Cell Phone Manners

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X-ray of skull with cell phone held up to ear

By 2008, nearly 80% of kids between the ages of 12 and 17 had a cell phone. At this writing, based on the rate of increase, it’s a fairly safe bet that percentage is now 99.9% (allowing, of course, for that handful of children raised by wolves or gorillas and such---hey, it happens). With cell phones, as with great power, comes great responsibility. If you haven’t already spoken with your children about when and when not to text, here are some ideas for having a productive conversation about cell phone manners (yep, there are manners for everything).

Of course there are the obvious topics: don’t text and drive, turn your phone off in a movie theater (or at least switch it to vibrate—no, turn it off. Unless they have access to our nuclear football or can perform a specific surgical technique, every kid, tween, and teen can survive being off the grid for two hours while they watch the latest Hollywood fare.) But here are some others you might not have considered.

  1. Phone Free Times Establish periods of the day (meals and homework periods come to mind) where phones are not just silenced, but turned off. To drive the point home, designate a basket or bin where phones can be deposited and be physically (surgically, if necessary) removed from your child. If your child begins to sweat or hyperventilate, reassure them that voicemails and emails will wait for them. Want to drive the point home forcefully? Then put your cell phone in the bin during those times as well.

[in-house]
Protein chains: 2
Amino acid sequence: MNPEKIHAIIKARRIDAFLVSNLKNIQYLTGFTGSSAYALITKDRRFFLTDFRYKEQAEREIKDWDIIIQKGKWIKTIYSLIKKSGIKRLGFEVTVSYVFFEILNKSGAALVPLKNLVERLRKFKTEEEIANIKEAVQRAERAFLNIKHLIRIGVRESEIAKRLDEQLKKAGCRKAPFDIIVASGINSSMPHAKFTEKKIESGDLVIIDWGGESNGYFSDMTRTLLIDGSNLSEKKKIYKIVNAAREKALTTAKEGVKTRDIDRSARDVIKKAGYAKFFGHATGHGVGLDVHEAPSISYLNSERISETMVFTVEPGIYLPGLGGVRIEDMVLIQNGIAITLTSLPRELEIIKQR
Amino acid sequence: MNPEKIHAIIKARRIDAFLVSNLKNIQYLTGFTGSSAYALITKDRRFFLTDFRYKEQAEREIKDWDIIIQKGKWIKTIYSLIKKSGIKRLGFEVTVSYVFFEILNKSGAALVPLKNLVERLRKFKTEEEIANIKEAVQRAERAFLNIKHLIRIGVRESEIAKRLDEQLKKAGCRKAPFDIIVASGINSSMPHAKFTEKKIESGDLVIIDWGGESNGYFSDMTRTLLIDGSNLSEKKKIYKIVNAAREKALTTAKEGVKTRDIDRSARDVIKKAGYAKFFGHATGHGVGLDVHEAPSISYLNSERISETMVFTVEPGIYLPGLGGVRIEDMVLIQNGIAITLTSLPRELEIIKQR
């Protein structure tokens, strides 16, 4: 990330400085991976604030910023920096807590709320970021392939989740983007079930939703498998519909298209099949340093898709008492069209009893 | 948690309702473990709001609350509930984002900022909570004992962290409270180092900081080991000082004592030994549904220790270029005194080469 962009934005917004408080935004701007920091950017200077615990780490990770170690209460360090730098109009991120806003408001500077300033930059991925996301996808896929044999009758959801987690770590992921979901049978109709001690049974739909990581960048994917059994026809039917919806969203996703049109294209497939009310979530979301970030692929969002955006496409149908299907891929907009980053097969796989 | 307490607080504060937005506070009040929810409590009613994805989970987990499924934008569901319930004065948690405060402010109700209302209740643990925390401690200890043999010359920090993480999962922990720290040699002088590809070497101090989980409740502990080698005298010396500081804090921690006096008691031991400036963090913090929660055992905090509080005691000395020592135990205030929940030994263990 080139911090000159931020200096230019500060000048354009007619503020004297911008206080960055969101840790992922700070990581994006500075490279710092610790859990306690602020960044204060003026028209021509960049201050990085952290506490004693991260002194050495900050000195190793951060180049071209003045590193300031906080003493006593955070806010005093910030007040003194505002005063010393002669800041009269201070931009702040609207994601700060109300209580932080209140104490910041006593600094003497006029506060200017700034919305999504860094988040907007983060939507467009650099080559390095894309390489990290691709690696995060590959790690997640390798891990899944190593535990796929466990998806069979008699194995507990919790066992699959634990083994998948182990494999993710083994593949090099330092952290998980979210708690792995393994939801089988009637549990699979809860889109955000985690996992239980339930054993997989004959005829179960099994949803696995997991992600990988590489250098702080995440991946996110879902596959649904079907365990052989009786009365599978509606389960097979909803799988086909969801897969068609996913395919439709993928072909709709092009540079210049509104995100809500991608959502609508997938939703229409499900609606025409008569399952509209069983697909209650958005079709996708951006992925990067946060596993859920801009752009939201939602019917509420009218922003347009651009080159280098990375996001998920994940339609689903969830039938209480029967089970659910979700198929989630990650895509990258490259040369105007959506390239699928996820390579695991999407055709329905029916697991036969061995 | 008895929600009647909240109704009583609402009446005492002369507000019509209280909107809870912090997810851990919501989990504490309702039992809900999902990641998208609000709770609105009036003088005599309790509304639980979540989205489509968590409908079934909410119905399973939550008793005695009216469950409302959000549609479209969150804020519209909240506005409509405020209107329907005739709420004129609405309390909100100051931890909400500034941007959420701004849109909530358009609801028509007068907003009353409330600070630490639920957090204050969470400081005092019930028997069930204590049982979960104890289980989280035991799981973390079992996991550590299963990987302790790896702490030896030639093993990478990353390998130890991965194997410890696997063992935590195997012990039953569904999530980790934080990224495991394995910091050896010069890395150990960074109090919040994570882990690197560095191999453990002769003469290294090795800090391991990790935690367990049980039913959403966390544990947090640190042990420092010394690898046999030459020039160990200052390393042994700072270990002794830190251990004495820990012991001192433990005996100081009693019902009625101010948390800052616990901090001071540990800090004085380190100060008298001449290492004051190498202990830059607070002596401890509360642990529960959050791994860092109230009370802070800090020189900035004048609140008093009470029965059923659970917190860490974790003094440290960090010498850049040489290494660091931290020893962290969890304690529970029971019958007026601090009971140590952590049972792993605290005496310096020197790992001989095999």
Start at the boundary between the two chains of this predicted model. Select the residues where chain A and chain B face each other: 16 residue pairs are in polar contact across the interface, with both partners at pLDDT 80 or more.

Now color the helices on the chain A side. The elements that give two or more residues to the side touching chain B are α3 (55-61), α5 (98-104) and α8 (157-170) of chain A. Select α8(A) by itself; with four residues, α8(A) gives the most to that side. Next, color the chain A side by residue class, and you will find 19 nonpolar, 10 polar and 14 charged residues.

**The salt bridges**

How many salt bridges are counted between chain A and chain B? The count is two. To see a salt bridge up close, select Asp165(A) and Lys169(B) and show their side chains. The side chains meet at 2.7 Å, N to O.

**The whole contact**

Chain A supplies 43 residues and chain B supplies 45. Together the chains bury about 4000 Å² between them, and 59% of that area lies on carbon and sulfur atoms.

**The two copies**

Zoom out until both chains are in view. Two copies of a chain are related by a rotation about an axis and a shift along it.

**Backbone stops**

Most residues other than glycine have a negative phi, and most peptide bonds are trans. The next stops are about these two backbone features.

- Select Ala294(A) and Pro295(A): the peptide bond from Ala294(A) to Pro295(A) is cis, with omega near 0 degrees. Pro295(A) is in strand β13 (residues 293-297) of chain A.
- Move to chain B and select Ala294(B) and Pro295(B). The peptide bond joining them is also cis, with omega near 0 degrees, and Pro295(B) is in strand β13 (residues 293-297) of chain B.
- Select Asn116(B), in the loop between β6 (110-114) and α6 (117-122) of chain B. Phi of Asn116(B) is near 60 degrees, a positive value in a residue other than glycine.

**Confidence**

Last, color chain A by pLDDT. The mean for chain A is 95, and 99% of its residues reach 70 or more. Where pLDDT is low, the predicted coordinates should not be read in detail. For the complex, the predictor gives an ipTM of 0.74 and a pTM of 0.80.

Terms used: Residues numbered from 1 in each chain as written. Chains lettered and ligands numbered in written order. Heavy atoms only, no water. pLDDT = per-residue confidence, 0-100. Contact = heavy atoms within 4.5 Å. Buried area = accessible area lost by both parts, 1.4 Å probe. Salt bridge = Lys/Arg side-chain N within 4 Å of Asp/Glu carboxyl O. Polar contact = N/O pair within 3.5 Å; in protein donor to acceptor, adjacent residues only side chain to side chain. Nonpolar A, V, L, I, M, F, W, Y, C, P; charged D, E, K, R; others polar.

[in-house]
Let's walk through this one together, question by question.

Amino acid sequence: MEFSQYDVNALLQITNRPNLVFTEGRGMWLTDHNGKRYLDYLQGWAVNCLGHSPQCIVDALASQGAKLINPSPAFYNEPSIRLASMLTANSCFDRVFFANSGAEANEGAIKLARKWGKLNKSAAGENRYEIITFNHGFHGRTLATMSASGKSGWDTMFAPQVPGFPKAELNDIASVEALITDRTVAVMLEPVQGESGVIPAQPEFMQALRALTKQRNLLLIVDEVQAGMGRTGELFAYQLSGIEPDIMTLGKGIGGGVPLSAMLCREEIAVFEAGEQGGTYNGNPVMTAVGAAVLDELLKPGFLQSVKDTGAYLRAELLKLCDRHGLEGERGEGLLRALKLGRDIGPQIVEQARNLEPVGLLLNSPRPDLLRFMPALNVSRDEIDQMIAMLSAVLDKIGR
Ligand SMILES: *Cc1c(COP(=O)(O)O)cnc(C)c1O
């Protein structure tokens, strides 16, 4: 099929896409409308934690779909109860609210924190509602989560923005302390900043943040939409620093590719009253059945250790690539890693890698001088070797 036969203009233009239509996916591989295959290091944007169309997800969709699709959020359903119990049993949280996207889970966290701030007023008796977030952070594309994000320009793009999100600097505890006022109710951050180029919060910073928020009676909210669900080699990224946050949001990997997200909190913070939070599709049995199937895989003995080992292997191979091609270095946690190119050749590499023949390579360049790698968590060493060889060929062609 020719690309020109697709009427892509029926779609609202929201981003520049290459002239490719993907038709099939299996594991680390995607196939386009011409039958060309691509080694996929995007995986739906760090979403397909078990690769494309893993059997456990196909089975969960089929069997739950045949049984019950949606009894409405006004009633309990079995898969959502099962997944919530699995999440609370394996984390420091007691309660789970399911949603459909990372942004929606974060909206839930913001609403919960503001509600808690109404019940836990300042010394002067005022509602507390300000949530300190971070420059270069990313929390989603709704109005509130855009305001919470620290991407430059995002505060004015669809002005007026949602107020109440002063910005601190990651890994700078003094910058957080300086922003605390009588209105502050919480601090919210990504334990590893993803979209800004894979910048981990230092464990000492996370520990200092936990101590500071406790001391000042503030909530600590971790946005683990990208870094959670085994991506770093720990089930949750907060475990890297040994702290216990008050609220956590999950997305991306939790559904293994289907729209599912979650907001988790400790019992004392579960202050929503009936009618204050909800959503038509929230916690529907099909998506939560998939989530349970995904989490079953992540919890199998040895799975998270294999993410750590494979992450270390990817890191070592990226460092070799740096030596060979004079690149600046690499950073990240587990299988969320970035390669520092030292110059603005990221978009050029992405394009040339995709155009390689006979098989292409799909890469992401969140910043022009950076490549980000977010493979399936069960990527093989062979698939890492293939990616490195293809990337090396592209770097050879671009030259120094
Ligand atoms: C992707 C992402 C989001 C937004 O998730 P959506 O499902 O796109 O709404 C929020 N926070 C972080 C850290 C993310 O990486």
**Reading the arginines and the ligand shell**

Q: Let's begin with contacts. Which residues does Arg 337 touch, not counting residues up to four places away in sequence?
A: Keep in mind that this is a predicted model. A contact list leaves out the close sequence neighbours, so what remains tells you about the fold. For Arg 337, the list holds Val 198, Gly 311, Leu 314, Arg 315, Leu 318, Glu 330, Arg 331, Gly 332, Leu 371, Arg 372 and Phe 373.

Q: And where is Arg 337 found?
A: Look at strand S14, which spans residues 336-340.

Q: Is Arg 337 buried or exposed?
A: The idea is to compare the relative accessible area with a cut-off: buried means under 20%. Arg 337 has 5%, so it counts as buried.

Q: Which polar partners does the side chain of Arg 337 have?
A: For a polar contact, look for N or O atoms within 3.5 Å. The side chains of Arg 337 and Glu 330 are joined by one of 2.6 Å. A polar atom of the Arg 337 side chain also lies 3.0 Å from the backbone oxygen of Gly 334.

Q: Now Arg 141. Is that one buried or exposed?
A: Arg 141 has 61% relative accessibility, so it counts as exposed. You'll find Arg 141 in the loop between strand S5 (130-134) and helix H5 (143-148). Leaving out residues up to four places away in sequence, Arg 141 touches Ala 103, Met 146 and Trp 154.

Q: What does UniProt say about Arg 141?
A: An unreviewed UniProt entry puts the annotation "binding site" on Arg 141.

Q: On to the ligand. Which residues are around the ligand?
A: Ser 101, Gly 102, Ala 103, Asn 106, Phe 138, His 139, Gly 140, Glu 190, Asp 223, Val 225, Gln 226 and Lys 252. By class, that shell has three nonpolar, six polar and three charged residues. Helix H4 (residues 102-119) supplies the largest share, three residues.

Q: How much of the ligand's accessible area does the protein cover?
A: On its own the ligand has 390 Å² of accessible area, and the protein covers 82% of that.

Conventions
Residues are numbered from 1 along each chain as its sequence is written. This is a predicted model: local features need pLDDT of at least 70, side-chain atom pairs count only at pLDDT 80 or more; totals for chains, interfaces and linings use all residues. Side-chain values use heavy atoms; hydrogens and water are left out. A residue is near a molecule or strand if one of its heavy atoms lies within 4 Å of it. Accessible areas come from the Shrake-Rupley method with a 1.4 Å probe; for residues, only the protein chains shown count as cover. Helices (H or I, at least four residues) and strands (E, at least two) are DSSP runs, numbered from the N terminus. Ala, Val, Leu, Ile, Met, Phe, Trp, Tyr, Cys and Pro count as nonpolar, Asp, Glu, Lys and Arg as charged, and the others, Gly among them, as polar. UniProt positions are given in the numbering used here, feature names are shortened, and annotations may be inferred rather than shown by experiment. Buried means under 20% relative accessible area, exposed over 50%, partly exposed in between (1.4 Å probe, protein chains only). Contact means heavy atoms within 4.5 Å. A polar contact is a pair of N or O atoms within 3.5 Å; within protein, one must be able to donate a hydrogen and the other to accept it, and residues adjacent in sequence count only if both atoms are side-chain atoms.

1. Phone Tag Rules Like any good (or annoying) game, phone take has rules, too. Simply put, if you’ve been tagged twice, then opt out of the game. In other words, quit returning the call. If it’s really important, they’ll call back.
  1. Setting The Right Tone All digital communication has a particular language. With emails, ALL CAPS represents shouting (see how loud that sounded?) and is rude, unless you mean to yell. A phone’s ring tone can be impolite in pretty much the same way. Discuss with your children the selection of an appropriate tone. There’s no reason they can’t pick something that expresses their particular style or taste, but snippets from an offensive rap song or flatulence should be discouraged.
  1. Prioritizing Conversation No one wants to “talk to the hand”, and when you interrupt someone to answer your phone, that is exactly what you are telling them to do. Conversations should be ranked, with highest priority going to those you are face to face with. Remember, a phone ringing doesn’t not activate some portion of your brain, compelling you against your will to answer. It simply means someone wants to talk to you. Remind your children of the virtues of voicemail. In those situations where an important phone call is anticipated (e.g. A loved one in the hospital, news about an important job interview, etc.) simply inform whomever you’re with ahead of time about the call. Make a simple apology beforehand and, if and when the call comes, excuse yourself to another room or an acceptable distance away (typically a minimum of 10 feet).
  1. Phone Conversations are still Conversations OMG, even though we have emojis, basic conversational manners still apply. In other words, remember to use please and thank you and—even though the person you’re talking to isn’t physically in front of you—there’s no need to raise your voice, LOL.
  1. Protect Your Privacy Texts, like diamonds, are forever. Remember that phones are recording devices as much as they are phones. Any photos, texts, emails, even voice conversations could potentially be rebroadcast without your express written consent. So, if you absolutely have to say something sensitive (or insensitive), reconsider whether you should do so via a smart phone.